White people gaping at them mcdougal littell inc all

This preview shows page 7 - 9 out of 9 pages.

white people gaping at them.
© McDougal Littell Inc. All rights reserved. 42 Unit 5 , Chapter 17 to stand in line for lunch. They ate standing up, from army mess kits, with their backs turned against the wind. Peanut butter, white bread, canned figs, and string beans; she could taste the dust in all of it. They were given typhoid shots that first after- noon; they stood in line for them. They waited in the dust beside their luggage and then stood in line for dinner. In the evening the Imadas were assigned to Block 11, Barrack 4, and given a sixteen-by- twenty-foot room furnished with a bare lightbulb, a small Coleman oil heater, six CCC camp cots, six straw mattresses, and a dozen army blankets. Fujiko sat on the edge of a cot with cramps from the camp food and the typhoid shot gathering to a knot in her stomach. She sat with her coat on, hold- ing herself, while her daughters beat flat the straw in the mattresses and lit the oil heater. Even with the heater she shivered beneath her blankets, still fully dressed in her clothes. By midnight she couldn’t wait any longer and, with three of her daughters who were feeling distressed too, stumbled out into the darkness of the desert in the direction of the block latrine. There was, astonishingly, a long line at midnight, fifty or more women and girls in heavy coats with their backs braced against the wind. A woman up the line vomited heavily, and the smell was of the canned figs they’d all eaten. The woman apologized profusely in Japanese, and then another in the line vomited, and they were all silent again. That night dust and yellow sand blew through the knotholes in the walls and floor. By morning their blankets were covered with it. Fujiko’s pillow lay white where her head had been, but around it a layer of fine yellow grains had gathered. She felt it against her face and in her hair and on the inside of her mouth, too. It had been a cold night, and in the adjacent room a baby screamed behind a quarter- inch wall of pine board. On their second day at Manzanar they were given a mop, a broom, and a bucket. The leader of their block—a man from Los Angeles dressed in a dusty overcoat who claimed to have been an attorney in his former life but who now stood unshaven with one shoe untied and with his wire- rimmed glasses skewed on his face—showed them the outdoor water tap. Fujiko and her daughters cleaned out the dust and did laundry in a gallon- size soup tin. While they were cleaning more dust and sand blew in to settle on the newly mopped pine boards. Hatsue went out into the desert wind and returned with a few scraps of tar paper she’d found blown up against a roll of barbed wire along a firebreak. They stuffed this around the doorjamb and fixed it over the knotholes with thumbtacks borrowed from the Fujitas. There was no sense in talking to anyone about things. Everyone was in the same position. Everyone wandered like ghosts beneath the guard towers with the mountains looming on either side of them. The bitter wind came down off the moun-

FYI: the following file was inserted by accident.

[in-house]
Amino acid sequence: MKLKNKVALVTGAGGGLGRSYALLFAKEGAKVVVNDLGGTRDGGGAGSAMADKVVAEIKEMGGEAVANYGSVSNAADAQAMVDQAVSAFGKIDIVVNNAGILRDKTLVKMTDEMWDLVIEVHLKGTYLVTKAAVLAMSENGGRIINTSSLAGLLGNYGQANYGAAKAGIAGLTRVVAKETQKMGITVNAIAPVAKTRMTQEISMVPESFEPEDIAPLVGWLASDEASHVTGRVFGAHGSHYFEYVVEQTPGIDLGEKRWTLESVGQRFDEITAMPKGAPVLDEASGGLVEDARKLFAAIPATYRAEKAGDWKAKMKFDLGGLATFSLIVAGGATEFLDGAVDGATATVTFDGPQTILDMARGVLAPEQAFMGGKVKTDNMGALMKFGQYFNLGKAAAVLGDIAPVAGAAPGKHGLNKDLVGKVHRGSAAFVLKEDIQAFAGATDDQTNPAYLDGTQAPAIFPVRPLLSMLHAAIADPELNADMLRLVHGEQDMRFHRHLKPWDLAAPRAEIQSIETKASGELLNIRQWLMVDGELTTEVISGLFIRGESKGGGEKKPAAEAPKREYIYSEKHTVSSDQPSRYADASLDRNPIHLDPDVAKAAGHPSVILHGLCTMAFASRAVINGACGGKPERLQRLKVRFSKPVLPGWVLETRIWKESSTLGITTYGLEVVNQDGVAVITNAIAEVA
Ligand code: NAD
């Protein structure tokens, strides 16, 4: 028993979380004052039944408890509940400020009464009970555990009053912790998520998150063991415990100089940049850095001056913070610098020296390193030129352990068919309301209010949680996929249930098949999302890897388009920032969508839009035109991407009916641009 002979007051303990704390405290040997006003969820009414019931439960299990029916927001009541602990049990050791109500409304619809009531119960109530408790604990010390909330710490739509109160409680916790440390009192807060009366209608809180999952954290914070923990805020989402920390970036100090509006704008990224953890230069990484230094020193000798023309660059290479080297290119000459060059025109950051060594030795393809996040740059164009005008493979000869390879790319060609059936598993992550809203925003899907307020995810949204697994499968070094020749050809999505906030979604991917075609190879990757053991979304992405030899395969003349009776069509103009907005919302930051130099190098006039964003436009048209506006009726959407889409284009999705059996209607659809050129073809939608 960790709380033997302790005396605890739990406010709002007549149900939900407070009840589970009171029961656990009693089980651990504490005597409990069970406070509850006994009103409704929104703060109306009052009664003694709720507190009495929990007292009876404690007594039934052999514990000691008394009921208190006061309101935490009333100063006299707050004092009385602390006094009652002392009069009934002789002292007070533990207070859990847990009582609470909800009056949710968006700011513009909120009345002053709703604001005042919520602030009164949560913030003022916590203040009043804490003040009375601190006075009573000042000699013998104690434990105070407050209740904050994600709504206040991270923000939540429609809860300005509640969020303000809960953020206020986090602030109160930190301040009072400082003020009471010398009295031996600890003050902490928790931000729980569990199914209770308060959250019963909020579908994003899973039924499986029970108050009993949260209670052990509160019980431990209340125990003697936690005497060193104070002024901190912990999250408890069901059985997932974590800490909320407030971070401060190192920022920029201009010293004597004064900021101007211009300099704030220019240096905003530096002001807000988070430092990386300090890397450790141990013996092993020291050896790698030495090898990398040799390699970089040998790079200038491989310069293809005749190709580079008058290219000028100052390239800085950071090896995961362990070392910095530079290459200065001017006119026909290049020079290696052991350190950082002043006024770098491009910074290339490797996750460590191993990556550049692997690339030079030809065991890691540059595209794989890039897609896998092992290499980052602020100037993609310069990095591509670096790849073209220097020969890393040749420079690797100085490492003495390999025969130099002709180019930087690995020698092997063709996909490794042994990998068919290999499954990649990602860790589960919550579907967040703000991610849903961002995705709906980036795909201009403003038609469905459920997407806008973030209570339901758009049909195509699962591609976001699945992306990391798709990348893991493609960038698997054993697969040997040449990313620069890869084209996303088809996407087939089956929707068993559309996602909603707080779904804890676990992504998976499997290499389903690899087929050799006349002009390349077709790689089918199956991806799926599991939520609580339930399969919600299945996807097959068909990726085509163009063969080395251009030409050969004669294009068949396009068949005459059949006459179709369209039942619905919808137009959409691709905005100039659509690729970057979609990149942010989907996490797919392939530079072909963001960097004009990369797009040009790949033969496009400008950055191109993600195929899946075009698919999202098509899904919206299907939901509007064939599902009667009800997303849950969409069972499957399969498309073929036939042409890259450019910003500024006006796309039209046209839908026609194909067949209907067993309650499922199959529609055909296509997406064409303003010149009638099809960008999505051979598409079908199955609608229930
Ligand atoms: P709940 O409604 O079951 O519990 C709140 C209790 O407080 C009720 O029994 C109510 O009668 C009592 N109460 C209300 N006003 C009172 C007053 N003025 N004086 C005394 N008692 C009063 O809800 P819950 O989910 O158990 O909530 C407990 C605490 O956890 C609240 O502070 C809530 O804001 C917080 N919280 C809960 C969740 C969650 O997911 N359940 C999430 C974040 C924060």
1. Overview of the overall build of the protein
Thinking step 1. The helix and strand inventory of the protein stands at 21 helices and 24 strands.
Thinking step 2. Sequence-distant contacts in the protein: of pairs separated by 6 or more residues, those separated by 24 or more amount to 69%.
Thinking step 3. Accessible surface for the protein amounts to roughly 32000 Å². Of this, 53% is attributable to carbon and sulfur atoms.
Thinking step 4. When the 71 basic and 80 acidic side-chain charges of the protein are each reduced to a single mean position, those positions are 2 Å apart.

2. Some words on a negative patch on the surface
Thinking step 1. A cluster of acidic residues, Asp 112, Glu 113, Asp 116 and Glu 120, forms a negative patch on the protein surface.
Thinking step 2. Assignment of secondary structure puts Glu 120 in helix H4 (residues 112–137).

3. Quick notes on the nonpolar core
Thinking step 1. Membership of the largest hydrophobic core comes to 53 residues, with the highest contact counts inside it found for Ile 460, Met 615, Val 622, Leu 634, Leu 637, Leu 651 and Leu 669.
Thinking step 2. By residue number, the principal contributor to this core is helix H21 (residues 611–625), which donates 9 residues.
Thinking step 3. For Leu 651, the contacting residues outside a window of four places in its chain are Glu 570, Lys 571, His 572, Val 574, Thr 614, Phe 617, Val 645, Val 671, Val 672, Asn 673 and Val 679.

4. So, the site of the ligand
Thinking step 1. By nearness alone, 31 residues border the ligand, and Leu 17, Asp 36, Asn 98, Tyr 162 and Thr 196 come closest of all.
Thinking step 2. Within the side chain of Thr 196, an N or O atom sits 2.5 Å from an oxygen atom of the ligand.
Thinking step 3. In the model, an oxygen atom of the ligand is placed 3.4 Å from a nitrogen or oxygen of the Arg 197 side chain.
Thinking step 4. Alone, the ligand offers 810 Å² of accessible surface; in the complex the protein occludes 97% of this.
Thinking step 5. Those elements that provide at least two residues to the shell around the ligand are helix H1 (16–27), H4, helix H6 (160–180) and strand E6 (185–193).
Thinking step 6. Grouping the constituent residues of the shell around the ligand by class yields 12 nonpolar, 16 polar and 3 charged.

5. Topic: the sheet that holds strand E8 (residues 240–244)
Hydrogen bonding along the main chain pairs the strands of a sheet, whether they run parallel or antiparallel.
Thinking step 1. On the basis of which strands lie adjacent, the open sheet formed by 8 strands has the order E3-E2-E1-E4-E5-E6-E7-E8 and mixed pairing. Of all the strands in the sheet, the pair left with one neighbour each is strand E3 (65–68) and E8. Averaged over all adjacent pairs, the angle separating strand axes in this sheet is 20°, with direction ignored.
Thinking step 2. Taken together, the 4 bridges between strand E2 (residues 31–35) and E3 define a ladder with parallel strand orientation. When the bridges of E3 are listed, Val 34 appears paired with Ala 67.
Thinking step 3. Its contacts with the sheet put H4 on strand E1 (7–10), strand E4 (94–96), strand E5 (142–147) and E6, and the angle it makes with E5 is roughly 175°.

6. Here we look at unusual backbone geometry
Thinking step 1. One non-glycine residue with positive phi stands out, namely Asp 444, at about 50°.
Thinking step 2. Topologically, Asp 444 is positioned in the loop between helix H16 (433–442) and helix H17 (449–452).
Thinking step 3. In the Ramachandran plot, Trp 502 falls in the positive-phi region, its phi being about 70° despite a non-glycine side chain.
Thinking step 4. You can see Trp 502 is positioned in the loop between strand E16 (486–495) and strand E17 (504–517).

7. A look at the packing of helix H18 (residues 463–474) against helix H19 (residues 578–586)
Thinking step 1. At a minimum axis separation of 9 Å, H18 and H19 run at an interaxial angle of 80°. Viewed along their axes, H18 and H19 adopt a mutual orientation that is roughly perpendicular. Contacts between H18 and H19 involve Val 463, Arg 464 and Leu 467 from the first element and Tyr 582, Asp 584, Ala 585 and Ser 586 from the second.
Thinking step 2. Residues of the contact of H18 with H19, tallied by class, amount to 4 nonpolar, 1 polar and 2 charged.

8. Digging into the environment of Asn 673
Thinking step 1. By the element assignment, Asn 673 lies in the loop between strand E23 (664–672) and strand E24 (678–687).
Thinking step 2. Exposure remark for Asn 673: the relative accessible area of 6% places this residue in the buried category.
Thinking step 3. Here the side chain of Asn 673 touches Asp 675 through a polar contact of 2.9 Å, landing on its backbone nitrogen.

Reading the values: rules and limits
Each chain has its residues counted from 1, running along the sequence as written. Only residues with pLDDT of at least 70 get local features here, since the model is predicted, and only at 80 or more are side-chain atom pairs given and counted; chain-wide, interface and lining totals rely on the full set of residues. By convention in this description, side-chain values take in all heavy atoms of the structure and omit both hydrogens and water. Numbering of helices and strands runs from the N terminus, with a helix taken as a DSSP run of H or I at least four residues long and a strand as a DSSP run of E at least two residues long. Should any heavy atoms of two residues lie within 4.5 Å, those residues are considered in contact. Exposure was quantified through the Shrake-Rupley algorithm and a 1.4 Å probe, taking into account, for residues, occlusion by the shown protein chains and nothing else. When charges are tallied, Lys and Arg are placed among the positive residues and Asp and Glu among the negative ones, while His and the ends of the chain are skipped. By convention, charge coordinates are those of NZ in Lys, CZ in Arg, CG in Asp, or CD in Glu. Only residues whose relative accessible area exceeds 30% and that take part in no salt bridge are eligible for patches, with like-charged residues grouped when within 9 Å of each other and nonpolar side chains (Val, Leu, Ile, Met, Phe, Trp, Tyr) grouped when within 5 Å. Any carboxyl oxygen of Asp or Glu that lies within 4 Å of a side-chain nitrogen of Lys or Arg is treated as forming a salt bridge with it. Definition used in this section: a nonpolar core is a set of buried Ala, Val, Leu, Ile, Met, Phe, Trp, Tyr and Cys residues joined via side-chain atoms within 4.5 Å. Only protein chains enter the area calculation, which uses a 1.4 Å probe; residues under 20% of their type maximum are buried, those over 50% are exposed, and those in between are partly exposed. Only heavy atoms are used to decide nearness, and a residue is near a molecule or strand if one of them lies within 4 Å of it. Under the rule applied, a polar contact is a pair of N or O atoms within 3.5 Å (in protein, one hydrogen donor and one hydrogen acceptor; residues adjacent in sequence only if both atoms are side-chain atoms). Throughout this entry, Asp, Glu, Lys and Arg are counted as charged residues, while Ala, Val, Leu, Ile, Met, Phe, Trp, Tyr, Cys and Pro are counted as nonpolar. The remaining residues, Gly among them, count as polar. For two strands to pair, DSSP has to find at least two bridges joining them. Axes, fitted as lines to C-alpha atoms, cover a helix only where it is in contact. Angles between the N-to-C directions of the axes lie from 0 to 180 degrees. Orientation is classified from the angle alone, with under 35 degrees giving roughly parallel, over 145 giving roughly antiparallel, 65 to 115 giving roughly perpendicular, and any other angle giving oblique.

• Left Quote Icon

    Student Picture

  • Left Quote Icon

    Student Picture

  • Left Quote Icon

    Student Picture